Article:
Short Sale Approval from the Bank's Perspective

Mortgage Newsletter
Privacy Policy

Check Local Mortgage Rates

Today's Average 0.00%



Loan Program Choices

Use our calculator to find out your estimated monthly payment in advance: Enter the loan amount, interest rate, and length of mortgage.
Try our Mortgage Payment Calculator


If you can’t afford to pay your mortgage but don’t want to endure a foreclosure or have the foreclosure on your credit report, you may ask the bank’s permission to sell your home in a short sale. Through a short sale, you can sell the home for less than the property’s fair market value.

A Short Sale Saves a Bank from Foreclosure

Many individuals believe that lenders want to foreclose on their homes. This, however, couldn’t be further from the truth. When reclaiming a property, lenders incur significant costs, such as the cost of marketing the property if it doesn’t sell at auction, the cost of maintaining the property and the cost of the foreclosure itself. In many cases, the bank cannot sell the foreclosed home for enough money to make up for its expenditures during foreclosure.

Short Sales Common on “Upside Down” Homes

If you owe more to your lender than your house is worth, you are “upside down” on your home loan. Homes that are upside down are less likely to sell at auction than homes with equity. No one wants to pay more than fair market value for a home.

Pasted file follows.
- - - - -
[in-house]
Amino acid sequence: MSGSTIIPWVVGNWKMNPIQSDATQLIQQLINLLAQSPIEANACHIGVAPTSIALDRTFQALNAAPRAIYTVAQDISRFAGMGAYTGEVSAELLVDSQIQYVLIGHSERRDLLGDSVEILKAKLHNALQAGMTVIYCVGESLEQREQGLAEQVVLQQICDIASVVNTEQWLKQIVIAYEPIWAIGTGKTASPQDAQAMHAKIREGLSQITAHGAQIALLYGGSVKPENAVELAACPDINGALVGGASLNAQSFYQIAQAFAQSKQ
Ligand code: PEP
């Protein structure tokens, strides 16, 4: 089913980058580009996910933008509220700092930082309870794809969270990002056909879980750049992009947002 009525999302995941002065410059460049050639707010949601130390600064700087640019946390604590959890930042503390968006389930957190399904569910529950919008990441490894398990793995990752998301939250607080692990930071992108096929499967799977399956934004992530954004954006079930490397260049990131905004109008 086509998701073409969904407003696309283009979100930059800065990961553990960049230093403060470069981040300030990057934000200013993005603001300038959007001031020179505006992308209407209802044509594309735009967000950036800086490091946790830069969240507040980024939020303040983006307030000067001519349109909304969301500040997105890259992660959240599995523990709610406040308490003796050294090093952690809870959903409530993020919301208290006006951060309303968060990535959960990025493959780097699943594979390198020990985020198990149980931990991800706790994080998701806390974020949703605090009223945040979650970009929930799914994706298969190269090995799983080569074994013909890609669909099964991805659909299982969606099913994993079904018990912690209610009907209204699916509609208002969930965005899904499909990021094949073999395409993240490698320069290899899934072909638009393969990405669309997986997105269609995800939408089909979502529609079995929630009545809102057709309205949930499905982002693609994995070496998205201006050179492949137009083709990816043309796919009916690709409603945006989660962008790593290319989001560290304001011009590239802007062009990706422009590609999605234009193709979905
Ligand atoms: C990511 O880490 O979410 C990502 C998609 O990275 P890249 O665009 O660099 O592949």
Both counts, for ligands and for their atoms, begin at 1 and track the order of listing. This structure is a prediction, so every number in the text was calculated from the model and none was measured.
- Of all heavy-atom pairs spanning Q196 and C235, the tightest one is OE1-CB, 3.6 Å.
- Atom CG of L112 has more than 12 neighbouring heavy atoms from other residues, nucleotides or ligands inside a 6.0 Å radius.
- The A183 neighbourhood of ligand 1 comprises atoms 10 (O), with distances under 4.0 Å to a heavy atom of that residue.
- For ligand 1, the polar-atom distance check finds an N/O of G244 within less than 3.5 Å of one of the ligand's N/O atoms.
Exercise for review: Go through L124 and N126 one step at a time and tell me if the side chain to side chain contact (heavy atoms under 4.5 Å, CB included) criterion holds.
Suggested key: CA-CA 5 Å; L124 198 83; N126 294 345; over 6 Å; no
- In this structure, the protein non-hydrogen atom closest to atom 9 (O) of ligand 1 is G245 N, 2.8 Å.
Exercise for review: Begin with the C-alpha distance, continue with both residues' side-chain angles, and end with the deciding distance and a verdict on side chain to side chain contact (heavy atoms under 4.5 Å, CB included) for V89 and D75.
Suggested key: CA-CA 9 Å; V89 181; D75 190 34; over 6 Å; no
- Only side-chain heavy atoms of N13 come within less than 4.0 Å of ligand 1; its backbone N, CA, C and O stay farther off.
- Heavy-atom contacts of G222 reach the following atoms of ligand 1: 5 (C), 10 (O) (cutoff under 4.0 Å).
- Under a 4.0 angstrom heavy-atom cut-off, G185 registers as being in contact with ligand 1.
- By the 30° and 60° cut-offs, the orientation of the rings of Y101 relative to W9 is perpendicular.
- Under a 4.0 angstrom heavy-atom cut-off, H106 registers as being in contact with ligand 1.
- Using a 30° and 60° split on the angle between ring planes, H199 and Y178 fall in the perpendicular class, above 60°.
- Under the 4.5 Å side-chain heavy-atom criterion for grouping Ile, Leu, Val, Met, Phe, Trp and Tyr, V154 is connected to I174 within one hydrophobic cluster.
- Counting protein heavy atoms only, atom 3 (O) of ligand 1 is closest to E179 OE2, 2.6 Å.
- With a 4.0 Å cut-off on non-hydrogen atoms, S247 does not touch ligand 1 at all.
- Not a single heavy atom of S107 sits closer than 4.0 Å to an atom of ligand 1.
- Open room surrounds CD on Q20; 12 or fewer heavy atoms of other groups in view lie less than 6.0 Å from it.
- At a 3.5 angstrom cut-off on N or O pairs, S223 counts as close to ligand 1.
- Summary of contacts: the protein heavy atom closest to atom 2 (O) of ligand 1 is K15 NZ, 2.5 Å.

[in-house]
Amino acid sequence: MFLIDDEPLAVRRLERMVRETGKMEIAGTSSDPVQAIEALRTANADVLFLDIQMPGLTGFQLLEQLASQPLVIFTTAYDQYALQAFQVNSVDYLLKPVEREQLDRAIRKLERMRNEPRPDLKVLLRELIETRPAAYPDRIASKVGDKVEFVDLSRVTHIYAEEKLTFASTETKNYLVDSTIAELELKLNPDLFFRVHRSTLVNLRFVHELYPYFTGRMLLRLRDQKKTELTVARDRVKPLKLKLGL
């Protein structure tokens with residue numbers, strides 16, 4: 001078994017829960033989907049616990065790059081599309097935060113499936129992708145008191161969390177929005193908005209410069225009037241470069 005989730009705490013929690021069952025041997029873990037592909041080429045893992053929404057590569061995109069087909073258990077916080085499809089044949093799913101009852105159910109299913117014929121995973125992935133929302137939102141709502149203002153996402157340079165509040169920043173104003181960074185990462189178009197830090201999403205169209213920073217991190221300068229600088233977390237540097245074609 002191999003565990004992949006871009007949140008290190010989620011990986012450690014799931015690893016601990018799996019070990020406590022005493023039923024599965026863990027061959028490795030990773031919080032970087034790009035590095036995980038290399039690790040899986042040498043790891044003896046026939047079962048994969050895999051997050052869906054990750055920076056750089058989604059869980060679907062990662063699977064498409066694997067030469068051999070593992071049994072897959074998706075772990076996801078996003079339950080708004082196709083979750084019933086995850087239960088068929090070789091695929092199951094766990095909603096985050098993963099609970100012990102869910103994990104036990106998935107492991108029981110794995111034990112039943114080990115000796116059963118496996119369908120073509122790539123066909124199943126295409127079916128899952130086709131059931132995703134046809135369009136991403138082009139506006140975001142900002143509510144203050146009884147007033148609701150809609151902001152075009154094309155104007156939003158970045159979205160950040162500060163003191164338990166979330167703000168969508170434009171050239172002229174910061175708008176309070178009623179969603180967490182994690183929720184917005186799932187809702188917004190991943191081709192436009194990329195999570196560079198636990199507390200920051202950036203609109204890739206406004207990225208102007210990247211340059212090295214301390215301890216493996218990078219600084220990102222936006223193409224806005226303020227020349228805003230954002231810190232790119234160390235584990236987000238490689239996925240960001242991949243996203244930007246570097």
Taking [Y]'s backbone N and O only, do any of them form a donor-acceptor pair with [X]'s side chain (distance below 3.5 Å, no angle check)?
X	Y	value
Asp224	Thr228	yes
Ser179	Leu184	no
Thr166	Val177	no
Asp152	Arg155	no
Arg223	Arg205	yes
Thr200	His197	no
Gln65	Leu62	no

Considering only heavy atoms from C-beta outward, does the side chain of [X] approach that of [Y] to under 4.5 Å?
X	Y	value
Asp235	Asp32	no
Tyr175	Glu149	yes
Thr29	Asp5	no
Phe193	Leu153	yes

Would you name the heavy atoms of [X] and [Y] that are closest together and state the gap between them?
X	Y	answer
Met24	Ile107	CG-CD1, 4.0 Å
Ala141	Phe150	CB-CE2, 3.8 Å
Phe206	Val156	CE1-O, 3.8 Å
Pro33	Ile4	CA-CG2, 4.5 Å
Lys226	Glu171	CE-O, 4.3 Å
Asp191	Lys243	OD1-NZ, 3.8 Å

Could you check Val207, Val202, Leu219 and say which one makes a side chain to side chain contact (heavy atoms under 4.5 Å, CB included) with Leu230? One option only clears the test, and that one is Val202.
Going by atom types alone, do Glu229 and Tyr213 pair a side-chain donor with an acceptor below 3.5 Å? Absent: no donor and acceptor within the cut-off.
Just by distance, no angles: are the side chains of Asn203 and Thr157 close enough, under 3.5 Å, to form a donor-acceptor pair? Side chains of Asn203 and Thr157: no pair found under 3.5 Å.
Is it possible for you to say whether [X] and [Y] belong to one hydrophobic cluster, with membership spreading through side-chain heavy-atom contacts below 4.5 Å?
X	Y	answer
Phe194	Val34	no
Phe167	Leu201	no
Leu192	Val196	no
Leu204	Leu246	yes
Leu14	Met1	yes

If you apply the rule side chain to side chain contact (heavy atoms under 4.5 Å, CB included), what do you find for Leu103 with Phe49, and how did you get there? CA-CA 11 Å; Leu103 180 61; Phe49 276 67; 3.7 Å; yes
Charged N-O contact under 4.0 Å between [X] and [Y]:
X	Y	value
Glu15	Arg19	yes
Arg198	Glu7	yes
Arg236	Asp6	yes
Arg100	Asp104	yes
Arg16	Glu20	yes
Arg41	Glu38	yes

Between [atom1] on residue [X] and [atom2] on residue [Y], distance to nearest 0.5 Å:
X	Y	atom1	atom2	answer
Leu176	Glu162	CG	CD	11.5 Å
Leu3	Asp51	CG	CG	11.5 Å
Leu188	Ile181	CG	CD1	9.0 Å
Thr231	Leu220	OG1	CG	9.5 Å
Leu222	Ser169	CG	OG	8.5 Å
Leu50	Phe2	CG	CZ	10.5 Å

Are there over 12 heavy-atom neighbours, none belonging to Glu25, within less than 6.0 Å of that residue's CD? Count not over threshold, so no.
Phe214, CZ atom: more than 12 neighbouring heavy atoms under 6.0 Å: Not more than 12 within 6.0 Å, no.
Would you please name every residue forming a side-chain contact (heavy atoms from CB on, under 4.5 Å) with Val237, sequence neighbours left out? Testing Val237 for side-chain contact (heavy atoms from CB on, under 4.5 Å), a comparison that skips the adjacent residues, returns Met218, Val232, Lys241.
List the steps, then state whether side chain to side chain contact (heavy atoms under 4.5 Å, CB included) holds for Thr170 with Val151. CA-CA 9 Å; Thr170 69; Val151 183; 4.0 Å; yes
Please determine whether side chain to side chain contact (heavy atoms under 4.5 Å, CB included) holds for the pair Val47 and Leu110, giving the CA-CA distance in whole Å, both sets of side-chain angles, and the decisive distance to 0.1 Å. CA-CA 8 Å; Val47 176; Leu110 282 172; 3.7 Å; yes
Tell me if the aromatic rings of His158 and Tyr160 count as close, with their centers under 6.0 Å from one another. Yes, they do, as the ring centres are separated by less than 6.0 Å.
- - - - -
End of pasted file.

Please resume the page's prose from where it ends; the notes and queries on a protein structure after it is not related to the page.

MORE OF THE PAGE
Thus, it is sometimes in a bank’s best financial interests to allow you to sell your home in a short sale. The lender knows that there is little likelihood of recovering the full amount you owe by marketing the home itself. If you sell the home in a short sale, the lender’s losses may be less than they would be if the lender proceeded with a foreclosure.

Homeowners Less Likely to Damage Property

Many homeowners, when faced with the prospect of foreclosure, vandalize their property before they leave. Vandalizing encompasses more than just putting holes in the wall or spray-painting the windows. Some homeowners go so far as to rip up carpet and remove doors. Such acts reduce a home’s value and cause the bank to take an additional loss on the property. By approving a short sale, however, the lender knows that the homeowner is less likely to damage the home--allowing it to recover a greater percentage of the loan balance.

Banks Consider a Home’s Equity

Before approving a short sale, the bank will evaluate your home’s equity. The less equity you have, the more likely your lender is to approve your short sale. If you have significant equity in your home, the equity present may be enough to offset the costs the lender would incur through foreclosing on your home, maintaining it and marketing it. Should this be the case, it is usually in your lender’s best financial interests to foreclose rather than agree to a short sale since a foreclosure may not result in a loss.

The Bank Evaluates Your Assets

One of the primary factors that contributes to a bank’s approval of your short sale is your assets. If you have stocks, other investments or a steady income, your lender will expect you to repay the amount you still owe on the mortgage after the short sale is complete. If the bank were to foreclose on the home, it would need to sue you to recover the difference. With a short sale, however, the lender can negotiate for your voluntary repayment of the mortgage deficiency--resulting in a lower loss margin, if any, on your home mortgage loan.